Newspapers (illustration)
Newspapers (illustration) iStock

After the CAMERA UK media watchdog organization complained to the photo editor of the Guardian newspaper about the photo that appeared alongside an anti-Israel article showing an elderly woman holding a placard that said “This 90 year old Jew says Zionism is genocide,” the offensive image was replaced.

“Given the spate of attacks on Jews in the UK and elsewhere, we ask that you consider replacing this highly incendiary photo accompanying this op-ed,” CAMERA UK tweeted.

In place of the original photo, under the headline “I felt alone as a Jew attending a Palestine solidarity rally in 2014. I don’t feel alone any more,” was a photo illustration of an Israeli flag and a Palestinian flag with a red slice between the flags, ostensibly symbolizing blood.

The original photo was replaced without explanation from the newspaper.

“On May 22, the Guardian published another op-ed by an American Jew who opposes Israel’s existence. The piece ('Jewish Americans are at a turning point with Israel') was written by Arielle Angel – (Peter) Beinart’s colleague at the anti-Zionist publication Jewish Currents,” wrote CAMERA UK. “The piece included, as its featured image, a photo of an elderly lady with a placard saying that ‘Zionism is Genocide.’”

CAMERA UK identified the woman in the photo as Shatzi Weisberger, a “mini-celebrity in New York among anti-Israel activists, a member of the anti-Zionist and often anti-Semitic group ‘Jewish Voice for Peace,’ someone who expresses support for jailed Palestinians terrorists and routinely levels the ‘Israel is committing genocide’ charge on social media.”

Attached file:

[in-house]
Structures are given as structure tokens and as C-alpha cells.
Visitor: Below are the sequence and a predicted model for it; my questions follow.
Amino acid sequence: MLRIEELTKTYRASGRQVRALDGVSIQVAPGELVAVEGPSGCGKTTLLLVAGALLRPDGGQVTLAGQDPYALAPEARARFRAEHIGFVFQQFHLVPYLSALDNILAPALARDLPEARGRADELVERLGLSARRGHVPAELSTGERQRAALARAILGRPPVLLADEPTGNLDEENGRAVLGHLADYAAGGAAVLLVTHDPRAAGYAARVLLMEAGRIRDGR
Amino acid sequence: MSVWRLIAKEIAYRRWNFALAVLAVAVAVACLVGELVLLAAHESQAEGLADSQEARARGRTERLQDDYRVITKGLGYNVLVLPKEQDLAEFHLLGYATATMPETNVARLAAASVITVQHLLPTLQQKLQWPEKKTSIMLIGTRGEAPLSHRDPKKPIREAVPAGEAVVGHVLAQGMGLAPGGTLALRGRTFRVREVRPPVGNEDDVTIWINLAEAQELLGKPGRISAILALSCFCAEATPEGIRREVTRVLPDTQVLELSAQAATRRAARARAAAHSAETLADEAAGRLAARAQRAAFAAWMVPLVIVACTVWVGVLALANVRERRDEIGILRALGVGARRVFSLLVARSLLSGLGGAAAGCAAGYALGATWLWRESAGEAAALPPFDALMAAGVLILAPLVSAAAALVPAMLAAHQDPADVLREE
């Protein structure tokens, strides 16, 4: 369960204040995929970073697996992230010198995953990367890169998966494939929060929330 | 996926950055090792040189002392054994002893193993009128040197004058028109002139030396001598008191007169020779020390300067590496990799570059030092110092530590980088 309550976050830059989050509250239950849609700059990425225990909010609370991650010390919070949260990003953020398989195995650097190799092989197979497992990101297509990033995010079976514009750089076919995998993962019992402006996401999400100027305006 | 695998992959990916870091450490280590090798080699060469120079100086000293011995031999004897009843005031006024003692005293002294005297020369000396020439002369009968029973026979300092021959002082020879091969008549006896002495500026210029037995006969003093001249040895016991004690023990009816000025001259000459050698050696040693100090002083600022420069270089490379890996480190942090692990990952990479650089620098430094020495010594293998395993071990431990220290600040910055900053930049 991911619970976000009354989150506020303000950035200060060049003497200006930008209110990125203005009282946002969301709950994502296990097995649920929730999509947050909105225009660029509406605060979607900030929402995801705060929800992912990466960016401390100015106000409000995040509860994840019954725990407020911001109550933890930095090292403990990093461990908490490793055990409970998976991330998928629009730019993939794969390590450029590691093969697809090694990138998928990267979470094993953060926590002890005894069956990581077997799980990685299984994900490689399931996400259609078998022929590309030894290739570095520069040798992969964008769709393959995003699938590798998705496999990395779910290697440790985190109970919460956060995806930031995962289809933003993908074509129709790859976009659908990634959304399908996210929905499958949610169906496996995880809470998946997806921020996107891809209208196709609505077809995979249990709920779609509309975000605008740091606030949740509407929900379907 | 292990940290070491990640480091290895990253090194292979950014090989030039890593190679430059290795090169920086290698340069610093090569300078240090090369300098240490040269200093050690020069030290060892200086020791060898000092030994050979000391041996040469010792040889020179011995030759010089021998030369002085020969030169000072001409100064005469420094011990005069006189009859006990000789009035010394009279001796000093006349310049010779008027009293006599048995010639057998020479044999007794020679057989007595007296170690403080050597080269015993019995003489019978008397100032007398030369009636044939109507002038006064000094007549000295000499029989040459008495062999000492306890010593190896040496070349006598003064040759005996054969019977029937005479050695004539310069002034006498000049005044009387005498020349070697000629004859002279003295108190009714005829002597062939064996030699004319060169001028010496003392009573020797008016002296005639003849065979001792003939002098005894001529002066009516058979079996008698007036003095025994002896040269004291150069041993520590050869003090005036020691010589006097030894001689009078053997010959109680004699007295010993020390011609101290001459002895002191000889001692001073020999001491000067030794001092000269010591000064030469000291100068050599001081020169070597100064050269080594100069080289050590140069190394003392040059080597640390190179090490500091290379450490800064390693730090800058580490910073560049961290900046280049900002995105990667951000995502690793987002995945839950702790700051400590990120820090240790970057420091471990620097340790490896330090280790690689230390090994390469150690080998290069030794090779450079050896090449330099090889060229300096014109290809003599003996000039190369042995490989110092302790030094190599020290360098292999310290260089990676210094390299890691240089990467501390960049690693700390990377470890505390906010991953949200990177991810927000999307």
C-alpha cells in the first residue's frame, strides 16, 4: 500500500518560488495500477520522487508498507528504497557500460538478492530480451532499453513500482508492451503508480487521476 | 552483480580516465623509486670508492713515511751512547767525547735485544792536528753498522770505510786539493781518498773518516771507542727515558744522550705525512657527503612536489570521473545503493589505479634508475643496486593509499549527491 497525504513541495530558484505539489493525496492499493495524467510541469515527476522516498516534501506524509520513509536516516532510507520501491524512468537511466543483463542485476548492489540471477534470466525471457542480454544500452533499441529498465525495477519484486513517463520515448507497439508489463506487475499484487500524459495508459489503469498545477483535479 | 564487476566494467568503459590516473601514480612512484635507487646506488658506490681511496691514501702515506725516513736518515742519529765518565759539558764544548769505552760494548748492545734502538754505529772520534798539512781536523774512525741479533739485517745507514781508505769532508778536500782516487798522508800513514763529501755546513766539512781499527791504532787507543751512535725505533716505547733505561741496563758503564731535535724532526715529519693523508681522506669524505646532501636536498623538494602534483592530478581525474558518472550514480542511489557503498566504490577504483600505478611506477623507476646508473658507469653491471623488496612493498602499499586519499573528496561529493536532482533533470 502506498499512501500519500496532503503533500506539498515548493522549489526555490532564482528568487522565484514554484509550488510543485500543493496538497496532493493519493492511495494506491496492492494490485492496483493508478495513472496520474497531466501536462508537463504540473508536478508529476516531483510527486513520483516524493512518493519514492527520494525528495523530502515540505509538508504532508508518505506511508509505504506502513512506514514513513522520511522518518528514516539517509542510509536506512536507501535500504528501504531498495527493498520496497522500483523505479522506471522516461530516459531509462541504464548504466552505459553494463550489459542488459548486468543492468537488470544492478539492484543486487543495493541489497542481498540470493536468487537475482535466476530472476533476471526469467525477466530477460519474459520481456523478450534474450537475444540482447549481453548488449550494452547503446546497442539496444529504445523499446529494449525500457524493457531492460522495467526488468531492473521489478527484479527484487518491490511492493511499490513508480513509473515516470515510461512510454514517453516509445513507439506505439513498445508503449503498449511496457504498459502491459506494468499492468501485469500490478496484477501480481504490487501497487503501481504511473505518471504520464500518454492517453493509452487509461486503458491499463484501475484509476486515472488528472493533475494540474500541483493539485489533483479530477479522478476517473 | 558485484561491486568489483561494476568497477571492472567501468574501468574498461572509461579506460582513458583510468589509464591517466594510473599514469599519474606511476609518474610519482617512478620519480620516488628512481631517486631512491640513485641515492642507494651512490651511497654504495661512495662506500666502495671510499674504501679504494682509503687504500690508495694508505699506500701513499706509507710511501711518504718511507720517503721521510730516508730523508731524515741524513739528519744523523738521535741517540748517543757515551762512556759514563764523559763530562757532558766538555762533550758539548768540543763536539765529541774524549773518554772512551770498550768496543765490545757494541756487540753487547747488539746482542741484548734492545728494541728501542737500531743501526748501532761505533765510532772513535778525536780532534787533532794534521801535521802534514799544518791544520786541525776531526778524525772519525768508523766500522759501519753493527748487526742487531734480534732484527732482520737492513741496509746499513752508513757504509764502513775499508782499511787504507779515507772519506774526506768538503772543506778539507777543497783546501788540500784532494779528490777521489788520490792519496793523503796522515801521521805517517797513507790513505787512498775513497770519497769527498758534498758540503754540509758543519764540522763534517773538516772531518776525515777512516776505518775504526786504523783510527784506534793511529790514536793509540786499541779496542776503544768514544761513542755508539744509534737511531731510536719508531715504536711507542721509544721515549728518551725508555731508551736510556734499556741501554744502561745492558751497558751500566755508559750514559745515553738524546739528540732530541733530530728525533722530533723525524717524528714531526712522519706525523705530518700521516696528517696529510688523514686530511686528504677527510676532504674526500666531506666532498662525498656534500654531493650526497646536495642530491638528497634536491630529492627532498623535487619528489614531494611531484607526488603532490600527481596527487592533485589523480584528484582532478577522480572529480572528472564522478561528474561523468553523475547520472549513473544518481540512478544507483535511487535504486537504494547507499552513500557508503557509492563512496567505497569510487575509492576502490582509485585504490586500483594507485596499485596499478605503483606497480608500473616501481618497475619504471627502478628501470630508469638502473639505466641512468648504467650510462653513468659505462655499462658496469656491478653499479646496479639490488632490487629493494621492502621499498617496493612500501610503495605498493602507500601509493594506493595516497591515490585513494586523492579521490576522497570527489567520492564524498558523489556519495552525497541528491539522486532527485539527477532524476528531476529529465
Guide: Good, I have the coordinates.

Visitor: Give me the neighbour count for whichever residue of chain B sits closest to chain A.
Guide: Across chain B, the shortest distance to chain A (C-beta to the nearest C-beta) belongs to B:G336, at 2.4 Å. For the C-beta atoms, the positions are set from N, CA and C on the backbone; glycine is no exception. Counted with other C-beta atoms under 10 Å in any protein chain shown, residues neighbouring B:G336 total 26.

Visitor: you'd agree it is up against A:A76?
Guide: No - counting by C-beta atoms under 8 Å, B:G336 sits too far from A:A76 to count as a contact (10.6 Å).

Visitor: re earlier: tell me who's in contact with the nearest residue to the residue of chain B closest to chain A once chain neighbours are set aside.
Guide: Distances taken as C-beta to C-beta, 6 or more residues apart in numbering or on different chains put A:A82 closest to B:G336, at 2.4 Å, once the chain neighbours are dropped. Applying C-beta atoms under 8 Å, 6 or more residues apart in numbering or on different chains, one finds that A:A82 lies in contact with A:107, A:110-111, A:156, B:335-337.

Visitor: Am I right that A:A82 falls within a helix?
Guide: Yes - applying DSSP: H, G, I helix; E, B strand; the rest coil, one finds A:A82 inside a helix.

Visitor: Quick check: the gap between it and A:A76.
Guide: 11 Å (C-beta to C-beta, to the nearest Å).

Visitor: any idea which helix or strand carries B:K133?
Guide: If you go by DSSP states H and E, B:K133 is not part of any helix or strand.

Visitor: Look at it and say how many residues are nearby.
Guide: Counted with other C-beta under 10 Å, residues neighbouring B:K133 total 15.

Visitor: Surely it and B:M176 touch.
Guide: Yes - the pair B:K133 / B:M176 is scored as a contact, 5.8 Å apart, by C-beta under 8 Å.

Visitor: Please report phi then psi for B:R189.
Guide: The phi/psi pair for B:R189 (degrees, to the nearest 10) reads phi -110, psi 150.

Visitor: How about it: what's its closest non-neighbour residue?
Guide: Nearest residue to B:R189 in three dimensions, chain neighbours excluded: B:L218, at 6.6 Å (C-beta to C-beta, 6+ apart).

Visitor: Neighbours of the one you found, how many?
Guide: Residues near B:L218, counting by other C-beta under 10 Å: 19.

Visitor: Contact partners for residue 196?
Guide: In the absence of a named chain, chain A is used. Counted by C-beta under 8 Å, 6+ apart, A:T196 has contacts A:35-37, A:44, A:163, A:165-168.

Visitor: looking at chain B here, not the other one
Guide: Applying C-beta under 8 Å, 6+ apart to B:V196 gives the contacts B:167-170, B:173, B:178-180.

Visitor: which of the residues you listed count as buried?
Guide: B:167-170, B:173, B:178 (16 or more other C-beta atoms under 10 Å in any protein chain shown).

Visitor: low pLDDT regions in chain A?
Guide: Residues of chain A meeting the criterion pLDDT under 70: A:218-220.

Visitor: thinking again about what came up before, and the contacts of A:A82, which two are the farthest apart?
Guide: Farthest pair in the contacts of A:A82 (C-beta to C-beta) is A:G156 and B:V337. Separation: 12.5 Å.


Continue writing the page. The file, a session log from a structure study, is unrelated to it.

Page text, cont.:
CAMERA UK called it disturbing that the Guardian chose to use the original photo, which was from a recent New York City anti-Israel protest.

“First, note that the placard doesn’t ‘merely’ say, as the op-ed implicitly does, that Zionism is intrinsically racist, but that it’s, in essence, a genocidal movement. Further, the fact that the woman holding the sign is 90 years old – and, thus, was a young adult when the Nazi genocide against the Jews took place – would have the impact to Guardian readers of ascribing greater credibility to that grotesque charge.”

They added, “Such an incendiary charge – which, in effect, implicates Jews, most of whom support Israel, in the crime of genocide – is especially irresponsible in light of the surge of anti-Semitic attacks in the UK and other cities in recent weeks.”